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La Petite Rose
Affordable Services for the Urban Epicure
by Nirmala Nataraj on Apr 25, 2008
When I think of all the things I love about spa facials, first I have to identify all the things I hate: those red bumps that show up on my face after harsh extractions; the way those red bumps often turn into pimples because my skin has been unduly aggravated; overly harsh chemical processes like peels and microdermabrasion (which are generally implemented when the aesthetician is at a loss regarding what to do and doesn’t have that much knowledge on the reactivity of obviously sensitive skin; oh yeah, did I mention the crazy prices?
A few days ago, I discovered a place that delivers on...well, exactly the opposite of all the things I lament in a respectable spa establishment. La Petite Rose is tucked away in an alcove just off Taraval Street (in the Sunset, in case you’re mulling). Set foot inside the cozy, modest-yet-luxurious digs, and it’s likely that the only sounds you’ll hear are the barks of neighborhood dogs or the clickety-clack of the surface street car. In many ways, the windswept, residential location is the perfect place for a spa -- there’s tons of parking and one-on-one attention (aside from owner/massage therapist/aesthetician/Jane-of-all-trades Mandy Fung, there’s only one other aesthetician who works here), and you can take a refreshing breather from the uber-hip downtown pampering houses that make you feel like just another faceless number in the queue.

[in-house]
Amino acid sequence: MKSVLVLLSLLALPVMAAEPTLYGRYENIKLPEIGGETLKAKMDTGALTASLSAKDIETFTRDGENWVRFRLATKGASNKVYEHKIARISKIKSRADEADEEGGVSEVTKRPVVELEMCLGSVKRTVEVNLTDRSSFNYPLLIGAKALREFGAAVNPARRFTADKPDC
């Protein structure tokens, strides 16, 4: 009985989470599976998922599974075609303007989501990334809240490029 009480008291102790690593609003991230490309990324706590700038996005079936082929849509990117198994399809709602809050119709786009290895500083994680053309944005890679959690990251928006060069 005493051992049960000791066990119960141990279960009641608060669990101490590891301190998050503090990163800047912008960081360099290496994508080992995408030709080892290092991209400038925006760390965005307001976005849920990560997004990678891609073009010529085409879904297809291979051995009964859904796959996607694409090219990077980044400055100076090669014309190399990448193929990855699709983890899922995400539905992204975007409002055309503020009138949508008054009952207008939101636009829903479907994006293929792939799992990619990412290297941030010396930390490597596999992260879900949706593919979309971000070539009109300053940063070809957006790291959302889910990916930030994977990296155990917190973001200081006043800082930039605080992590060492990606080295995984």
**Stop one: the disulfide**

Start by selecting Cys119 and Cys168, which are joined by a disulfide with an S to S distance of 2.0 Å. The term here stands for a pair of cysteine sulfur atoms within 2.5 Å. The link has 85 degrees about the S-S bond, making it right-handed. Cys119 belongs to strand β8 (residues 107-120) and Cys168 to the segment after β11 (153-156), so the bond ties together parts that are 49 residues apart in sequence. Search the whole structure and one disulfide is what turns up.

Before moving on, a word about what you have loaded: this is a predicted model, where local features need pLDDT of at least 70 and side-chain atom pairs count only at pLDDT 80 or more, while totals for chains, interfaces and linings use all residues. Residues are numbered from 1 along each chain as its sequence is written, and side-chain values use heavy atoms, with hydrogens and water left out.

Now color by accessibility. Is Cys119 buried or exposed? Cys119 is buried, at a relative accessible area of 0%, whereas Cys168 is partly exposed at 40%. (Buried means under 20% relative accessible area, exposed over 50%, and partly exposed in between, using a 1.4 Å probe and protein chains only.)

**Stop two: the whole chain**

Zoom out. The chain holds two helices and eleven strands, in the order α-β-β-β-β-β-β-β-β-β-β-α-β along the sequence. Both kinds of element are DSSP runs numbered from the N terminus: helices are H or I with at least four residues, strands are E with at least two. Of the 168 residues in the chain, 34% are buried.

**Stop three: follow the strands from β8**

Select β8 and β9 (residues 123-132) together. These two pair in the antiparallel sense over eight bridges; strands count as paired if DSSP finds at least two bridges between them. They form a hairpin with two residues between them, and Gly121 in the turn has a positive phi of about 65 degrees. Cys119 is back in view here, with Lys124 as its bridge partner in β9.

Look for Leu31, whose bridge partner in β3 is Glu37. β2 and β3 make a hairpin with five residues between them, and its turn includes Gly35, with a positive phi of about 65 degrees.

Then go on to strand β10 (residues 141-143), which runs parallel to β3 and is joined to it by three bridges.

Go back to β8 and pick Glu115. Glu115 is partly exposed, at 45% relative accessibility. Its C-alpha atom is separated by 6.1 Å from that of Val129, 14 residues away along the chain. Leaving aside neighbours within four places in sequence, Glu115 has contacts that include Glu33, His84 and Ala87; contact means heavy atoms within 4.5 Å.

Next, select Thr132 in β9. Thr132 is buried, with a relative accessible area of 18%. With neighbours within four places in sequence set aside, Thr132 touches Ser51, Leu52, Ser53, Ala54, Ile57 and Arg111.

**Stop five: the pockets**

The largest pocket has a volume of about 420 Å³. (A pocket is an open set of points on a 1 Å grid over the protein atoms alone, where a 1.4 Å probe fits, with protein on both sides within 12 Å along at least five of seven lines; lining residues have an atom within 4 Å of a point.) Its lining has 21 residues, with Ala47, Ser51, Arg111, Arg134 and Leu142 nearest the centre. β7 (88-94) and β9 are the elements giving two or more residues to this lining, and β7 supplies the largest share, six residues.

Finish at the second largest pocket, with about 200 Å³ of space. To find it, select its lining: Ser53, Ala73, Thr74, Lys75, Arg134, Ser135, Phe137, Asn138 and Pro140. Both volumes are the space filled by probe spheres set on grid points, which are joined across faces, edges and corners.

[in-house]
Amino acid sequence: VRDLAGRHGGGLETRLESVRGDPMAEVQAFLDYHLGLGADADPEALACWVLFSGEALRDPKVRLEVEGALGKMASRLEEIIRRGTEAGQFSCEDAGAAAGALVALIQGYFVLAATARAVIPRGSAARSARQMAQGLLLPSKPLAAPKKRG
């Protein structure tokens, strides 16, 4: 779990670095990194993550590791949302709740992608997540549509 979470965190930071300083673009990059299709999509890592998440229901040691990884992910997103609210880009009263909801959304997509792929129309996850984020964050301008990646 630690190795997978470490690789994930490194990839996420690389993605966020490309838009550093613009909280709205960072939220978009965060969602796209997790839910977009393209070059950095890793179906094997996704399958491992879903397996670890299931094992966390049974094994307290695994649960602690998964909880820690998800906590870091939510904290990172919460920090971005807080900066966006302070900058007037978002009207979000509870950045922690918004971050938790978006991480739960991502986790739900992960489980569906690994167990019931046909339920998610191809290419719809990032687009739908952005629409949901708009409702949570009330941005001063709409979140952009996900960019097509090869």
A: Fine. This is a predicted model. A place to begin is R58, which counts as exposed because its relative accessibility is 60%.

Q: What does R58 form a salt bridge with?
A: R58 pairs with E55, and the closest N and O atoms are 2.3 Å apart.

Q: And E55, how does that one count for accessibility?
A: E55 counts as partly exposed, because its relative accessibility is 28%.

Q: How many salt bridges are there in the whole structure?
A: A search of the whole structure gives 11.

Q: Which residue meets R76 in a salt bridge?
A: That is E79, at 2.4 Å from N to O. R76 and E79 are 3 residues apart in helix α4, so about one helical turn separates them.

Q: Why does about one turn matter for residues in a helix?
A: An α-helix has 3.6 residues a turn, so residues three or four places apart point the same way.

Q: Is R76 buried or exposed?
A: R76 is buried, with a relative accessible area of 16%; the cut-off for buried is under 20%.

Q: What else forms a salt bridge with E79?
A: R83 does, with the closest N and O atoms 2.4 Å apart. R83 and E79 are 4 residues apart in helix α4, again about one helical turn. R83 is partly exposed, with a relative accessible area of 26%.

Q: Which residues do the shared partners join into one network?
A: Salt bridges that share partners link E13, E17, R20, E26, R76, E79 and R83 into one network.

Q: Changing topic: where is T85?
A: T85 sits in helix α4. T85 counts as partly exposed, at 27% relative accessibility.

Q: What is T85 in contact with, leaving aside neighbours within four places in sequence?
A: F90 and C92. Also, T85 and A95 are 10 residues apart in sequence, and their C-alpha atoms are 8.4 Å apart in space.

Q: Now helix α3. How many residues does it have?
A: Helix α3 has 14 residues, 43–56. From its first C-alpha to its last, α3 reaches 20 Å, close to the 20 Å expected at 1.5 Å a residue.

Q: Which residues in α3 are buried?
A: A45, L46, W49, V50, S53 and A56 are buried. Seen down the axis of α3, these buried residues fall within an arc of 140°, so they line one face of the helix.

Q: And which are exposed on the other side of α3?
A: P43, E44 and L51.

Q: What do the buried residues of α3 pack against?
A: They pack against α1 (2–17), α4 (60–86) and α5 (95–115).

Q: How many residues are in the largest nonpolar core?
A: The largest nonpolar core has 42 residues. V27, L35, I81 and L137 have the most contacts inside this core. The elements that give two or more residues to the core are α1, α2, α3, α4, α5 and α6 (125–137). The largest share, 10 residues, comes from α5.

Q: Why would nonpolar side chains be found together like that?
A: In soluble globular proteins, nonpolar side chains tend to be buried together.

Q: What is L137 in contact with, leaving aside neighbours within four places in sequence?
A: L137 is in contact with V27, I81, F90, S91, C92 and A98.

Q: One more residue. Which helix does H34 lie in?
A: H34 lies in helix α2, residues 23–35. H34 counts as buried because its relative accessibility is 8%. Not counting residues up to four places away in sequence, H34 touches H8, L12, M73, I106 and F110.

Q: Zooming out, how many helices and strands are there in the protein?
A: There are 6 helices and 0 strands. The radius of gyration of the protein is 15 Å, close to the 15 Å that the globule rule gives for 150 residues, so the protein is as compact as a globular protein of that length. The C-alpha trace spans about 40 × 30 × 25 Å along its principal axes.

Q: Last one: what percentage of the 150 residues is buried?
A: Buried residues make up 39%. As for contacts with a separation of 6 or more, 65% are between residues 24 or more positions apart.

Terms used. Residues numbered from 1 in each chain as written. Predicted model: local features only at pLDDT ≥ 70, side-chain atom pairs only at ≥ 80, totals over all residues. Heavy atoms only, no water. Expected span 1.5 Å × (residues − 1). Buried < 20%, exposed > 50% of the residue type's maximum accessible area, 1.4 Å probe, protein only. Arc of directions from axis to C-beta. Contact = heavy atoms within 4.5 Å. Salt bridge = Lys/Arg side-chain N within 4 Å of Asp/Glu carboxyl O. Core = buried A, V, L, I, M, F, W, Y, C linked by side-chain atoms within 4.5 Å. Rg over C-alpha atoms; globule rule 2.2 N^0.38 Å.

Unlike most places that see themselves more as skincare or massage studios rather than spas, La Petite Rose is surprisingly commodious. When I walked into the sun-dappled building, I didn’t realize there were two levels: the first houses the lobby, a restroom, and a body treatment room (with its own shower); the second holds two facial rooms (which can both be converted into massage studios) and a waiting area that feels like someone’s living room—plush sofa, tea station, and all.
Aside from the comfortable intimacy of the place, all of La Petite Rose’s treatments are crazy affordable. Mandy used to work at larger spa establishments where prices were severely marked up and the experience was “more about relaxing than getting results and doing what’s right for the client’s skin. (We) prefer to look at the client’s daily skincare regimen and see what we can do to help--and the prices are low enough so that clients can afford to come in more often.” That’s right -- if you get a series of six Signature Facials, that works out to $65 per facial...i.e., 75 luxurious minutes that also happen to include an arm/hand massage and paraffin dip. (Take that, corporate spa goons!)
Despite the number of employees here, the treatment menu is far from diminutive. La Petite Rose includes full-service waxing, a range of massage, facials specific to clients’ conditions (like caviar for aging skin and oceanic ingredients for sensitive skin), and ear and navel candles, the joint’s holistic specialty.
I was here specifically for the Signature Facial, which is quite popular among the clientele. As I snuggled into the facial bed in the cozily dark and elegant room, with Vivaldi playing in the background, I eagerly awaited the service, which began with a warming paraffin hand dip topped off with a vigorous hand and arm massage. Mandy used Pevonia, a botanical line from Switzerland that smells absolutely delectable but doesn’t have any artificial fragrance. Mandy told me she specifically liked Pevonia because it garners efficacious results for all skin types but the products themselves are very gentle and appropriate for even the most sensitive visages. The treatment included a deep cleansing, exfoliation, extractions, and a soothing mask--all of which contained active botanical ingredients that work to turn over dead skin cells and brighten up the face.